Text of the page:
The 8 year old appears first. She asks me a straightforward question: “What will you do when Katie dies?”
“Be very sad,” I said. “Cry.”
She leaves the video quickly, goes to her piano and sits, and starts to play. The 12-year old comes into view but has little to say. The camera stays on Katie. I remind my niece that we knew 7 months ago – before their visit for Christmas – that this day would come. She says goodbye to Katie, as I pet her. My brother says goodbye too, and we hang up.
Katie knows her own mind. She is also an excellent communicator. Though meows were sometimes employed, nothing could have been plainer than her non-vocal communication. Standing at the door, she would fix her gaze on me until I noticed she was there. Then she would look out the door, then look back at me, then out the door again. She repeated this, making eye contact every time, until I got the point and opened the flippin’ door already. Food dish, same story.
Katie was an especially compelling communicator when she wanted you to pet her. She would find a spot about three feet away from you, dramatically flop herself on the ground, and stare at you until you conceded and gave her some love. If you were in motion, she would anticipate where you were going, fling herself in your path, and gaze up with a look that lovingly implied you were a damn fool if you stepped on her. Clearly you should be petting her instead of this walking around malarkey for crying out loud.
She has never been that warm and cuddly lap cat. She also has never been particularly social. So to the surprise of everyone, over the past few years, Katie developed a fondness for kids. She lets even the youngest toddlers play with her, poke her, follow her around, pet her, even pick her up. She does not complain.
Later in the afternoon, the doorbell rings. It’s the next door neighbor with her two young boys. The younger boy, a toddler, has been fascinated by Katie from the first time he saw her. Because of Katie, “cat” was one of his first words. When he saw Katie outside, which was often, it seemed he’d exclaim “Cat!” with his whole body, wriggling in delight.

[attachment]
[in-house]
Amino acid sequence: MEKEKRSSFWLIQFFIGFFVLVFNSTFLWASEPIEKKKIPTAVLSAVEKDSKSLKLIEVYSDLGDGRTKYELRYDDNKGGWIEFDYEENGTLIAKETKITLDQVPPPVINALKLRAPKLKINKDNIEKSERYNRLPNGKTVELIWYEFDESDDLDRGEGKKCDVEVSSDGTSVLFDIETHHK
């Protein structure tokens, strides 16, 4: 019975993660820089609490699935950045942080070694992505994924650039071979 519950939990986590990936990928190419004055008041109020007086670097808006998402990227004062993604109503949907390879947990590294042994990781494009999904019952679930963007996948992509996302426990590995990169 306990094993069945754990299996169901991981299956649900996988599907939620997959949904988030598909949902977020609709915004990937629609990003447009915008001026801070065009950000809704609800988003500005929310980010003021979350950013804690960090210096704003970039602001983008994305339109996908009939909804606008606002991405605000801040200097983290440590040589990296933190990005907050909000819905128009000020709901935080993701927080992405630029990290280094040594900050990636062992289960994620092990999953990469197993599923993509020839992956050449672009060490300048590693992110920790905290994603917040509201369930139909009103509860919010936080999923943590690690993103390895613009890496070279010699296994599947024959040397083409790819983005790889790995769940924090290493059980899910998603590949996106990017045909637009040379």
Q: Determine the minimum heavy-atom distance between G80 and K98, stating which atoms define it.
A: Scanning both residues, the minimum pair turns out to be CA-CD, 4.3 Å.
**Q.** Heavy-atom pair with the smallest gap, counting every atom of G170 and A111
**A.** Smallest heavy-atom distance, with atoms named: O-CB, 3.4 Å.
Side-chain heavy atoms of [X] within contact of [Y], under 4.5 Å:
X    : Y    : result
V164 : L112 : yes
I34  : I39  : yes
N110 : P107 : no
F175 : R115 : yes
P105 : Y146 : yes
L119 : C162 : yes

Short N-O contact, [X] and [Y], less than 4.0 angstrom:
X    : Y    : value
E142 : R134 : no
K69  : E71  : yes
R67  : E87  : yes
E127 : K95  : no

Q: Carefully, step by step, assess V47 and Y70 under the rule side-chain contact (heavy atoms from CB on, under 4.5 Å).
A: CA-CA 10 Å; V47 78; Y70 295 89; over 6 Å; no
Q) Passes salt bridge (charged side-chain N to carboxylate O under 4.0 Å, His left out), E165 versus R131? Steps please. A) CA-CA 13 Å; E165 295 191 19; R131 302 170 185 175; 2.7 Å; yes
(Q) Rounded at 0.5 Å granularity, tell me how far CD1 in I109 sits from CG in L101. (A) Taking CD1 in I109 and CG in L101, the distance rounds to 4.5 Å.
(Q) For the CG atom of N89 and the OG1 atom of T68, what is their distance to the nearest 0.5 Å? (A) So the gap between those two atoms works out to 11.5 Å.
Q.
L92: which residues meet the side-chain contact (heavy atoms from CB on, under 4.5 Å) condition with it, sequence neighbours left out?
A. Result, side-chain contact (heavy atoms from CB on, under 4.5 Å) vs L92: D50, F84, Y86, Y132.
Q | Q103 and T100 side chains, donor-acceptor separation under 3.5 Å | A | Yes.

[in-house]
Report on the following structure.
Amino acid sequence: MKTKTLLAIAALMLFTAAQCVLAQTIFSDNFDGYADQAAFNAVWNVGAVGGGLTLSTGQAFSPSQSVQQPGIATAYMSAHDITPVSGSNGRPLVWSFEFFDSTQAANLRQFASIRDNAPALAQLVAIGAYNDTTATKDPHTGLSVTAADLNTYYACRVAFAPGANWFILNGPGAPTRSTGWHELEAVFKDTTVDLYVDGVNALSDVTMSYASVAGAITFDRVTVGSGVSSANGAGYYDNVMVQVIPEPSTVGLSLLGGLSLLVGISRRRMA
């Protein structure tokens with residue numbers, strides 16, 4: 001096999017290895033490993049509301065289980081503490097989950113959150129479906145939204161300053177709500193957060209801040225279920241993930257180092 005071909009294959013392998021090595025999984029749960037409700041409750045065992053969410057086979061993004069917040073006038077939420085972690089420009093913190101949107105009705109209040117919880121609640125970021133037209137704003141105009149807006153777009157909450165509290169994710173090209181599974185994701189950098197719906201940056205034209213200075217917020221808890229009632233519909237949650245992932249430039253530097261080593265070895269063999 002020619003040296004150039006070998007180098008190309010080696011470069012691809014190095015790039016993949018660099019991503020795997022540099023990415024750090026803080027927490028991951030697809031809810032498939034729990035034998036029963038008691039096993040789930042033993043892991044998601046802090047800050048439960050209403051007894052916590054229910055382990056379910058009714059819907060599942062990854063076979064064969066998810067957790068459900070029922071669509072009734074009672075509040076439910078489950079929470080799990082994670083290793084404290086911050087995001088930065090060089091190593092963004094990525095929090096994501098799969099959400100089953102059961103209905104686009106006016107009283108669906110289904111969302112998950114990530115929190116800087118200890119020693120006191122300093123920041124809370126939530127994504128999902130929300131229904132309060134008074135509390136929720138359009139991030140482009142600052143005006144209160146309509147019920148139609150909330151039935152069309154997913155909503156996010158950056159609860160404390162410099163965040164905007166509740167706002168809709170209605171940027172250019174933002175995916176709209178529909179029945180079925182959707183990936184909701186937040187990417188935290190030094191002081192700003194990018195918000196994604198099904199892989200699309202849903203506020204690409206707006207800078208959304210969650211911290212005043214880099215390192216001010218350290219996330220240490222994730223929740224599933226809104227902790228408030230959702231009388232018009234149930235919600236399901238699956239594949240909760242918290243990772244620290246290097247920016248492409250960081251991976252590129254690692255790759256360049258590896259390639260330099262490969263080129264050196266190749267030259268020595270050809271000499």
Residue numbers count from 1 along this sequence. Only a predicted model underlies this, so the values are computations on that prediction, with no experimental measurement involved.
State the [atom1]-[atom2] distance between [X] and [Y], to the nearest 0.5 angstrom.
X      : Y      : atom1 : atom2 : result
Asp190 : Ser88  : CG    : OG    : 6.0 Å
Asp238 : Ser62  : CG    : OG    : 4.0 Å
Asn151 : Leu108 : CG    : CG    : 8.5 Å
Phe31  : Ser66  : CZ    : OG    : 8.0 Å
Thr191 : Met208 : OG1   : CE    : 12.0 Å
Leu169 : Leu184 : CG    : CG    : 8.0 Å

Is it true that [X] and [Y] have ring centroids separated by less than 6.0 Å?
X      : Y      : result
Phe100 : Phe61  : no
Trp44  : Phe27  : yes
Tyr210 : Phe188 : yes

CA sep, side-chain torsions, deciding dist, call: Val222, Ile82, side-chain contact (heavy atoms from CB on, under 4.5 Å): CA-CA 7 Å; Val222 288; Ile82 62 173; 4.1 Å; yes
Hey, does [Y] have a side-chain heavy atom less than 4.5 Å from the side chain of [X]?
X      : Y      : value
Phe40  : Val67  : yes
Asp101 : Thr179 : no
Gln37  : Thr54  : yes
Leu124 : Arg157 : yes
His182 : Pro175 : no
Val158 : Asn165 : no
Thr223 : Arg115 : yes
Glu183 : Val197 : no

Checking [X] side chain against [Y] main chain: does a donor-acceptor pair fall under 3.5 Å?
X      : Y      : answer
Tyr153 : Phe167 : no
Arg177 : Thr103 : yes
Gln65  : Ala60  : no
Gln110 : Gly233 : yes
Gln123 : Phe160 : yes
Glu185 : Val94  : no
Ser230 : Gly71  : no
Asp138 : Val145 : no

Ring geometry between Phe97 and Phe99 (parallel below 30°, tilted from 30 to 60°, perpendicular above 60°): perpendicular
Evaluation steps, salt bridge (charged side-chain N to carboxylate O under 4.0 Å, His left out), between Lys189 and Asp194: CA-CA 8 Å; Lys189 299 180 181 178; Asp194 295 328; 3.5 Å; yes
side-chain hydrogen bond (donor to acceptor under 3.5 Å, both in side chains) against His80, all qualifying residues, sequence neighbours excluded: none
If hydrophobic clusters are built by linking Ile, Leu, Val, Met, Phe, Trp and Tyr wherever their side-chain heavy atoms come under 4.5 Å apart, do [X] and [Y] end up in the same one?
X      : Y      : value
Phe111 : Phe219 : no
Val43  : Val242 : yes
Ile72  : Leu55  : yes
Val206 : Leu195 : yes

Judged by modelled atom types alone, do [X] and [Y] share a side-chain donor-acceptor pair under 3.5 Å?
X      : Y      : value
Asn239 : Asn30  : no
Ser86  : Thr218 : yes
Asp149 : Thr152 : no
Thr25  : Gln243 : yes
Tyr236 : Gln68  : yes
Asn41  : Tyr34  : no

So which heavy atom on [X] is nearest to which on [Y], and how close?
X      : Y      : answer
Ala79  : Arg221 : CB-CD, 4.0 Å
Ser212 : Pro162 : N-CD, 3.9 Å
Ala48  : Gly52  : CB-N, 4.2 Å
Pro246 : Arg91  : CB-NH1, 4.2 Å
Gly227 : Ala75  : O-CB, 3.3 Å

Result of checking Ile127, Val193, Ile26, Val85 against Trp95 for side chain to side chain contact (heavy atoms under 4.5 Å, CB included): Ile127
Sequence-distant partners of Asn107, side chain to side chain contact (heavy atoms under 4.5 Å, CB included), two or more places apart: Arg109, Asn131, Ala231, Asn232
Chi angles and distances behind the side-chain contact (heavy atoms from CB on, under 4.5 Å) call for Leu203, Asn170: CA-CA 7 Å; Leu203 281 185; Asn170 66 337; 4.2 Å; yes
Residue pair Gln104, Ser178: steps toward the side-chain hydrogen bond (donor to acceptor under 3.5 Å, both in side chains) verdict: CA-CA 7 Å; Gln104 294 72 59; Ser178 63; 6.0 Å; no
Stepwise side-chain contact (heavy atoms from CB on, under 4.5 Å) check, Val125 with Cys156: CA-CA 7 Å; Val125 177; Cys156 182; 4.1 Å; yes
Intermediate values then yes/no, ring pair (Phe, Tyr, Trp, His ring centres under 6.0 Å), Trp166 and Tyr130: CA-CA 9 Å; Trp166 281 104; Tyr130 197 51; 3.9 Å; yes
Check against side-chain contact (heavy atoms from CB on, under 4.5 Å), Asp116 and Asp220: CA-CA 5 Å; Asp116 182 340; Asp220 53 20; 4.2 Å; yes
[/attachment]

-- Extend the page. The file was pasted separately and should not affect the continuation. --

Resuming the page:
I stand stunned for a moment at the coincidental timing. They are returning something and saying hello. I ask them in.
I tell the mom about Katie. I ask her if the boys want to pet Katie and say goodbye. She says yes, as the boys are already headed toward Katie at her usual spot on the sofa. Mom and kids knew Katie’s health had been failing. Last year, their yellow lab had died from an autoimmune disease. She tells her boys that Katie will be joining their dog soon. She wonders aloud if they know what that means. The toddler pulls Katie’s tail. They linger a few moments, and then say goodbye.
I suppose any one death can invite us to think of every death. Every death we’ve ever seen. Those we’ll eventually see. And our own.
My cousin takes their daughter to the pool, and I go upstairs to my home office to get some work done. I hurry to finish one writing task and then come downstairs and go to Katie. I am suddenly greedy for a few minutes alone with her, so I pick up the pillow she’s laying on and carry her out to the patio again. Cat, pillow and all. I need some air, and she loves outside more than anything in the world. She gets up off the pillow, slowly, takes only a few steps and lays down on the concrete, lowering her body delicately, intentionally, incrementally.
Again I sit on the ground next to her. She lays on her side, entirely flat, head extended, tail extended, feeling the warm concrete on her old bones. I worry it might be too hot for her out here, in the June sun, but clouds are moving in, giving us a bit of a break.
I pet her and watch her breathing. Watch her eyes, her face. Watch the end of her tail twitching.
The wind picks up. The temperature edges lower. She lifts her head to sniff the changing air, then sets it back down again. I continue to pet the side of her face, her chin, the space in front of her ears.
A noisy bird carries on nearby.
Looking at the sky after a few minutes, I say, “I think it’s time we went in, Katie.” I know that she generally dislikes storms. Yet she seems to be enjoying the warm patio. I hesitate for a moment, then reluctantly pick her up. Slowly, slowly. She weighs so little now. We go back inside together, as thunder warns of the coming rain.